The rise of ecofeminism and the way the climate affects women across the globe has gained momentum. Read to find out how.
by Sarah Hoffman
The way climate change harms marginalized communities is still not a heavily discussed topic. However, the rise of ecofeminism and the way the climate affects women across the globe has gained momentum.
Women, trans women, and femme-presenting people are experiencing the worst impacts of climate change. In fact, the United Nations indicated that about 80 percent of the people displaced by climate change are women. Currently, various groups are taking action to not only protect our environment but also those who are suffering the most from environmental degradation.
In Africa lies the first armed, all-women anti-poaching unit known as the Akashinga. These strong women not only put their lives at risk every day to protect elephants from ivory poachers, but also empower women to play an active role in conservation. The women that make up this team are either survivors of sexual assault, domestic violence, AIDs orphans, or sex workers.
In many countries, women, trans women, and femme presenting people develop a more intimate understanding of the natural world when communities play a significant role in food production and resource management. Within the first three years of its start, the Akashinga helped drive down elephant poaching across Zimbabwe’s lower Zambezi Valley region by about 80 percent.
Yet the conservation field is still largely dominated by cis-heterosexual men. In Africa, the people who identify this way account for 89% of the ranger workforce. Those who are more disproportionately affected by climate change are the ones who must not only have a seat at the table, but also become leaders within the movement.
African women, trans women, and femme-presenting people are often dealing with the burden of environmental mismanagement. These women are central in domestic food production and the preservation of diverse crops that provide a variety of foods that fall under a nutritional diet, such as spinach and cassava. Their extensive knowledge on seeds and selection, storage, and planting helps increase climate resilience in crops. From Ghana to South Africa, women-organized seed sharing collaboratives continue to resist corporate influence. Activists like Mariama Sonko help elevate womens’ voices and protect both Africa’s land and crops.
Indigenous communities are also fighting the climate crisis. Indigenous people protect 80% of global biodiversity and manage more than a quarter of the Earth’s surface and 35 of the intact forests. Indigenous women, trans women, and femme-presenting people have tremendous knowledge rooted in their cultural identities that value living in balance with nature. They also usethis knowledge to combat deforestation and ecological restoration, especially in Kenya and Colombia.
After the devastating hurricane in Honduras , 25 local women led a restoration project to protect their community from future climate events. They raised their voices to call for development models that listen to Indigenous people on how to protect their environment. The Chaski Warming of the Abya Yala, a collaborative of indigenous women from various tribes and nations, traveled to the United Nations Climate Change Conference in 2016 to demand for a development model that values indigenous rights and environmental justice over resource exploitation.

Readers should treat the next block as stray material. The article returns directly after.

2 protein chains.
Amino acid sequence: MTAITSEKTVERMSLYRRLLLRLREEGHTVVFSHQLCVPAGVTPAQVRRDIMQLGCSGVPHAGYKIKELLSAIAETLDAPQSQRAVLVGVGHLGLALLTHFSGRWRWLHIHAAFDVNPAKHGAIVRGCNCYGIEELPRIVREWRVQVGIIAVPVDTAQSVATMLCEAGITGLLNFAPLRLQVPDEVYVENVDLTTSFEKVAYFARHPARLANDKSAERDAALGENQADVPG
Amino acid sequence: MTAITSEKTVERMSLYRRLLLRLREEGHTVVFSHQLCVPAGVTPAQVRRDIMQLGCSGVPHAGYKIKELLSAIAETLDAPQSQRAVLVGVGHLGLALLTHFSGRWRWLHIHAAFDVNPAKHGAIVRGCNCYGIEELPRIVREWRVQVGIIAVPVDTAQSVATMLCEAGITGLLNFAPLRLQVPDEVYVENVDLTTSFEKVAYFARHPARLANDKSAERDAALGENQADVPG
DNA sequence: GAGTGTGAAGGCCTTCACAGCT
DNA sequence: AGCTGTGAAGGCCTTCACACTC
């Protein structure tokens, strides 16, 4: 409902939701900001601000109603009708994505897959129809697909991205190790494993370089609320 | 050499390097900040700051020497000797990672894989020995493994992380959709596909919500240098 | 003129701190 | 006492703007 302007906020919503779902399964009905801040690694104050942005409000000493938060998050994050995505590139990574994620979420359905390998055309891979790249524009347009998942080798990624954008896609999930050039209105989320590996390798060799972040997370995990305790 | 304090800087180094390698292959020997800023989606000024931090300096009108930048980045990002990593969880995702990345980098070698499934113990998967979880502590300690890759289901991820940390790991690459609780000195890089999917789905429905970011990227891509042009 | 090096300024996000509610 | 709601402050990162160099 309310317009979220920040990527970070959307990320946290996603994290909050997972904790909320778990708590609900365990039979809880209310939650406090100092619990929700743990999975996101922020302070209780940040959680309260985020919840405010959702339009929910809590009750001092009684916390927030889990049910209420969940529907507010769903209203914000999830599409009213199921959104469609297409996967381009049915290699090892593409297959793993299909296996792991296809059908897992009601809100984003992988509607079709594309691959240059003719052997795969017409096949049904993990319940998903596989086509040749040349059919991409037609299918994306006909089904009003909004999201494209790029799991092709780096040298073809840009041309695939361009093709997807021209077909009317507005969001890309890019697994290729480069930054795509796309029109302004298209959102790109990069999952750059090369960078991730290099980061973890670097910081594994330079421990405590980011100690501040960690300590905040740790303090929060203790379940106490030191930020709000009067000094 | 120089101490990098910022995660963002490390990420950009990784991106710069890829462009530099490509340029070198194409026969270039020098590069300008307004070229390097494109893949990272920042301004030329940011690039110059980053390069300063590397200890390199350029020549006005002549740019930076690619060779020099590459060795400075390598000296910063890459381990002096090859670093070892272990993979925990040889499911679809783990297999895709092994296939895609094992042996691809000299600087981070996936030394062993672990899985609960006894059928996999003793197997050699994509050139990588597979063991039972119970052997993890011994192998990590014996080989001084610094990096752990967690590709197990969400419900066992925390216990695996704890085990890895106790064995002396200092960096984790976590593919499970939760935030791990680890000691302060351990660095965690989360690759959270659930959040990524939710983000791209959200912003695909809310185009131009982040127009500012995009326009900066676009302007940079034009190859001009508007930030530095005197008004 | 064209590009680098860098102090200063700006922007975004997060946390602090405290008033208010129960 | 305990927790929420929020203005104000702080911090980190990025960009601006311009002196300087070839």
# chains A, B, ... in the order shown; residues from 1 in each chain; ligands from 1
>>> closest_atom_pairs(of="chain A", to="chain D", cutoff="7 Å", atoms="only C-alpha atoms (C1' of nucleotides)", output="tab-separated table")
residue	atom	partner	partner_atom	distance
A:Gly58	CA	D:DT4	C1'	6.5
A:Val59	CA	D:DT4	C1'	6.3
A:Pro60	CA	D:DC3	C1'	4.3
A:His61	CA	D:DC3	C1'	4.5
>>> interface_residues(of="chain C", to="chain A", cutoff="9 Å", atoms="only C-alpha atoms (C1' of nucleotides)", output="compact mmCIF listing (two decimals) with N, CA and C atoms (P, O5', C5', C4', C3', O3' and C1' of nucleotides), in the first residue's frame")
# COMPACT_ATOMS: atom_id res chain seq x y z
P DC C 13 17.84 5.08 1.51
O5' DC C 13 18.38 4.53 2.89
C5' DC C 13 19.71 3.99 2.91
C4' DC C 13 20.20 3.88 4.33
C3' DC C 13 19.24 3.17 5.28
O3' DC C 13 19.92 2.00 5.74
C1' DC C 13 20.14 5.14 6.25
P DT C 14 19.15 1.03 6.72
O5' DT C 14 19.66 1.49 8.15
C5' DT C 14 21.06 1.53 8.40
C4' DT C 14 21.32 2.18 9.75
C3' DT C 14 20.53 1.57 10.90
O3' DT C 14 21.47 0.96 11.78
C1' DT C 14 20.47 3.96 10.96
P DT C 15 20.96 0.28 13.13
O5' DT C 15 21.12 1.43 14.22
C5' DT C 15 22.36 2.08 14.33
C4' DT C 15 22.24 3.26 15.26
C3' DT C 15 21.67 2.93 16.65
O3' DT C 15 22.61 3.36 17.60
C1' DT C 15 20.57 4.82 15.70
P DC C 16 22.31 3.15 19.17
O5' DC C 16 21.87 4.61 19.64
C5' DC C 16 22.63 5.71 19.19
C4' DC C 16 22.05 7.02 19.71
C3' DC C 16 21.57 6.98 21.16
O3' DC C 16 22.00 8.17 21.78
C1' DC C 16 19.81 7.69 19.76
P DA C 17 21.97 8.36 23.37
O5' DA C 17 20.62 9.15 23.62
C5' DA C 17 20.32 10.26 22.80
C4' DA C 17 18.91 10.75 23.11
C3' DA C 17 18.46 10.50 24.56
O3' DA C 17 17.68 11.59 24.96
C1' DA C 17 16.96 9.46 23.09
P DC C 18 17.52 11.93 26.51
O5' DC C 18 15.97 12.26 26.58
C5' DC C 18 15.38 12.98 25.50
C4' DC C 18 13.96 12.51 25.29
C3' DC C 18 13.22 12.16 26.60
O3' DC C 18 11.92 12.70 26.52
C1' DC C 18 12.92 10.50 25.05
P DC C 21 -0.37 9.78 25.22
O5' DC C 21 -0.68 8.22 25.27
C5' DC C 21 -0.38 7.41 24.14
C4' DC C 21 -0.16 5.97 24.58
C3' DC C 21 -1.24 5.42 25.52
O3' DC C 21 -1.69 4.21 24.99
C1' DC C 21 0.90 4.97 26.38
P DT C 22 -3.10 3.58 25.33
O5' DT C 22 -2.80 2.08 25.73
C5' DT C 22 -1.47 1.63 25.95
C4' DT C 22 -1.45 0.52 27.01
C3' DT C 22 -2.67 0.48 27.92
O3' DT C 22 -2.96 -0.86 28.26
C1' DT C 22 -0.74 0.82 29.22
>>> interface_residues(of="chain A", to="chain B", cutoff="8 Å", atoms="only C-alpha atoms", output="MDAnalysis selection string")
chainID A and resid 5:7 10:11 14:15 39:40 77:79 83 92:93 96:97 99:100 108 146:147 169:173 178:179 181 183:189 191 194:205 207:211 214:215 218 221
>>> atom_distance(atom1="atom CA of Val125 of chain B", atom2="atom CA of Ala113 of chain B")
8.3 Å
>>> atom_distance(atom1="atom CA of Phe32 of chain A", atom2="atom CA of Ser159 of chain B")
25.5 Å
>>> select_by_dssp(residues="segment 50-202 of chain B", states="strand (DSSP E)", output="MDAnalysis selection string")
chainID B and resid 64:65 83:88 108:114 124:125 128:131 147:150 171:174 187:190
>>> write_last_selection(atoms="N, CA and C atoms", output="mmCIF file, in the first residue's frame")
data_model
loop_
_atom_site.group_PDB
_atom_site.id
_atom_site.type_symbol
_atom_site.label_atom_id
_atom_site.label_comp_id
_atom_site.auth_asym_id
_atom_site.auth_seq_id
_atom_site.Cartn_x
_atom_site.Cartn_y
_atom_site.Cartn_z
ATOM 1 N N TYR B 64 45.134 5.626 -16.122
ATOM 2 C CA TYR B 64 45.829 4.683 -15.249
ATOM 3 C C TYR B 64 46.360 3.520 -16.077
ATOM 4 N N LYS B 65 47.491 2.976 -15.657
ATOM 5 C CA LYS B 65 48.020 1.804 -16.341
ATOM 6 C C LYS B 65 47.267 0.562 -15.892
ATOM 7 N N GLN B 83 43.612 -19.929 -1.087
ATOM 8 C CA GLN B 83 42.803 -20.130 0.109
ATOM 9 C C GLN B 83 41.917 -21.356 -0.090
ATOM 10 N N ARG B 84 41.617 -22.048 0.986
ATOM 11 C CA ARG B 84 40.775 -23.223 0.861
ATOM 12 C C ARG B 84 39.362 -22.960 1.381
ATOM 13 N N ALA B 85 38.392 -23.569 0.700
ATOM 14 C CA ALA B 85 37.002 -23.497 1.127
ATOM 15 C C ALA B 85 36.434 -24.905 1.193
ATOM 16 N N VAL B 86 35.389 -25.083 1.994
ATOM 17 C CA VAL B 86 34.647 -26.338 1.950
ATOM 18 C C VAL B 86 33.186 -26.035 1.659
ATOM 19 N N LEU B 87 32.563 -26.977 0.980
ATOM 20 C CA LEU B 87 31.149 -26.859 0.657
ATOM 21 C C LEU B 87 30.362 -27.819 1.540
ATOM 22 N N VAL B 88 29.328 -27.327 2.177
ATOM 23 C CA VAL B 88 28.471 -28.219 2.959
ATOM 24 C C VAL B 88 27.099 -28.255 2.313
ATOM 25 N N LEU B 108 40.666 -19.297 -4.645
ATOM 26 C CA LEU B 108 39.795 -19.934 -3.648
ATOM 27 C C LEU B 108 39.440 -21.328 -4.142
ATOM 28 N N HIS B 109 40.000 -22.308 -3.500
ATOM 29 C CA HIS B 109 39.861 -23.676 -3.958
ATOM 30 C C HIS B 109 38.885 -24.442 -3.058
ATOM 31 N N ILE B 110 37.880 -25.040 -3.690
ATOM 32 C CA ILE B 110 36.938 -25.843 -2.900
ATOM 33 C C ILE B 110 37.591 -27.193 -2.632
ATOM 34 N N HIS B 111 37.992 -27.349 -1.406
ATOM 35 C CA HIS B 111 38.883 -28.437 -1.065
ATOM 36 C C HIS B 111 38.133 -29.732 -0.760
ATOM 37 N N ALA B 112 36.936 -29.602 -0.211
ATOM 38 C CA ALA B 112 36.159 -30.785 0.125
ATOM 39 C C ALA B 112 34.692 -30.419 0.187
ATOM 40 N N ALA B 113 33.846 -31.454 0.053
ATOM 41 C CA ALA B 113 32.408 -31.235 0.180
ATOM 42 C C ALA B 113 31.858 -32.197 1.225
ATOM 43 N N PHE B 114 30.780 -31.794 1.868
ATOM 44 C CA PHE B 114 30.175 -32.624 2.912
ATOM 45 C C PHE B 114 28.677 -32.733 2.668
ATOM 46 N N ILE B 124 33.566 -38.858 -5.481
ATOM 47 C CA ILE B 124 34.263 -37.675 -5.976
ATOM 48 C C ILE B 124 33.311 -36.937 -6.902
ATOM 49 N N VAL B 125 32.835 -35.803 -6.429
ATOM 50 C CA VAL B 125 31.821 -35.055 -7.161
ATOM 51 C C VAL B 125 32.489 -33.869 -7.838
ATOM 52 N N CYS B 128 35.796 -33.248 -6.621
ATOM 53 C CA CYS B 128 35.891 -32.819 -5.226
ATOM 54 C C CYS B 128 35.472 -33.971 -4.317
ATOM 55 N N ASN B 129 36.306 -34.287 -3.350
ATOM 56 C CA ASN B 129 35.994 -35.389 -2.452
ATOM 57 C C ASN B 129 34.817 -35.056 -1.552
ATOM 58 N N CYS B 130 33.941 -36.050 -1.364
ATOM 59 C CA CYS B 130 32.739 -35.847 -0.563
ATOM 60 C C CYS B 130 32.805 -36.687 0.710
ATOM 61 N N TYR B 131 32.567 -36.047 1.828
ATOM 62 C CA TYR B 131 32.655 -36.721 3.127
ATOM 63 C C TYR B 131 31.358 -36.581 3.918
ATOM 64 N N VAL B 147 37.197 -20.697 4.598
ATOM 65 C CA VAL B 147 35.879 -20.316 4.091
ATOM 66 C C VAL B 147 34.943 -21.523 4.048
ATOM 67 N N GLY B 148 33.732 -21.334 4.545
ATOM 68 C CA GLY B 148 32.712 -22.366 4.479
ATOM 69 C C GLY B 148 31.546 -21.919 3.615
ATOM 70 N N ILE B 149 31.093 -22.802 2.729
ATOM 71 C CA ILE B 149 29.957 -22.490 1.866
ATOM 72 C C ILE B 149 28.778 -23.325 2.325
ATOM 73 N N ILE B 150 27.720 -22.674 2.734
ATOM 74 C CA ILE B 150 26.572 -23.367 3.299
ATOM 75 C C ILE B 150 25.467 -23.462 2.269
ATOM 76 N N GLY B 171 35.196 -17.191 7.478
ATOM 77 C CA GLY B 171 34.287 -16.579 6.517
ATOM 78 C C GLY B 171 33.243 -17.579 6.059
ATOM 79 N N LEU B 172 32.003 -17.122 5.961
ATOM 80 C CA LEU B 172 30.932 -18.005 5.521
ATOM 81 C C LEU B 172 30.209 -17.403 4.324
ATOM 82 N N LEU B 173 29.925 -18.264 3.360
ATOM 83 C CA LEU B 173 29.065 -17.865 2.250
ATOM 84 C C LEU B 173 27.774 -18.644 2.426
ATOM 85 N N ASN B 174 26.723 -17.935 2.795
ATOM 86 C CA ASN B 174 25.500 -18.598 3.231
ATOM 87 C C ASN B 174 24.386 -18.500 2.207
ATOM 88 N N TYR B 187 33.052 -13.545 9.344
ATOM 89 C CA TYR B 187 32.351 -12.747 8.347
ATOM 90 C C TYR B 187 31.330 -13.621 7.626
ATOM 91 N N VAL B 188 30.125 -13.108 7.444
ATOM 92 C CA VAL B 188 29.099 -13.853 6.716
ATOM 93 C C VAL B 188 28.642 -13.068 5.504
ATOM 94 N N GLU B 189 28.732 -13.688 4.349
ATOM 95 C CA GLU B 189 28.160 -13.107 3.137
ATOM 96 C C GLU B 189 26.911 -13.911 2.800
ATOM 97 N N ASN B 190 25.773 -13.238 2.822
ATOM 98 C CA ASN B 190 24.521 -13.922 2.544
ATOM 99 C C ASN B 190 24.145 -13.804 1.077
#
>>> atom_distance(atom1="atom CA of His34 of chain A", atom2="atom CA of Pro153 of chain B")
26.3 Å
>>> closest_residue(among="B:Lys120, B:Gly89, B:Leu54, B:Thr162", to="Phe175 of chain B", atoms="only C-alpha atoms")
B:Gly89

The Chaksi Warming of the Abya Yala often put their lives on the line by standing up to corporations that exploit indigenous land. They often face attacks and even death. Berta Caceres from Honduras was shot dead in 2016 after years of death threats linked to her protest of a dam that threatened the sacred land of the Lenca people.
Members of the LGBTQIA+ community also face the looming threats of climate change. In Africa, the LGBTQIA+ community is more likely to live in poverty with less access to basic necessities.
Within the past two years, natural disasters have hit Africa washing away homes, bridges, schools, and even neighborhoods. In the aftermath of the storms, members of the LGBTQIA+ community often face an increase in sexual violence given that they have already lost their homes, possessions, and food. The Pink Panther, an eco-feminist movement, stated that in Beira, a city destroyed by Cyclone Idai, lesbians were the most affected as they lived in poorly constructed shelters and were vulnerable to sexual violence and rape.
It is safe to say the roots of climate change intersect with various marginalized groups. The rise in ecofeminism fights for a more equitable future not only for cis women but also for trans women, femme presenting people, and the LGBTQIA+ community. Those affected by climate change all face varying degrees of discrimination from not only from society but also from environmental degradation, which is why the eco-feminist fight is important to raise awareness and provide space for those who can provide solutions that will benefit everyone.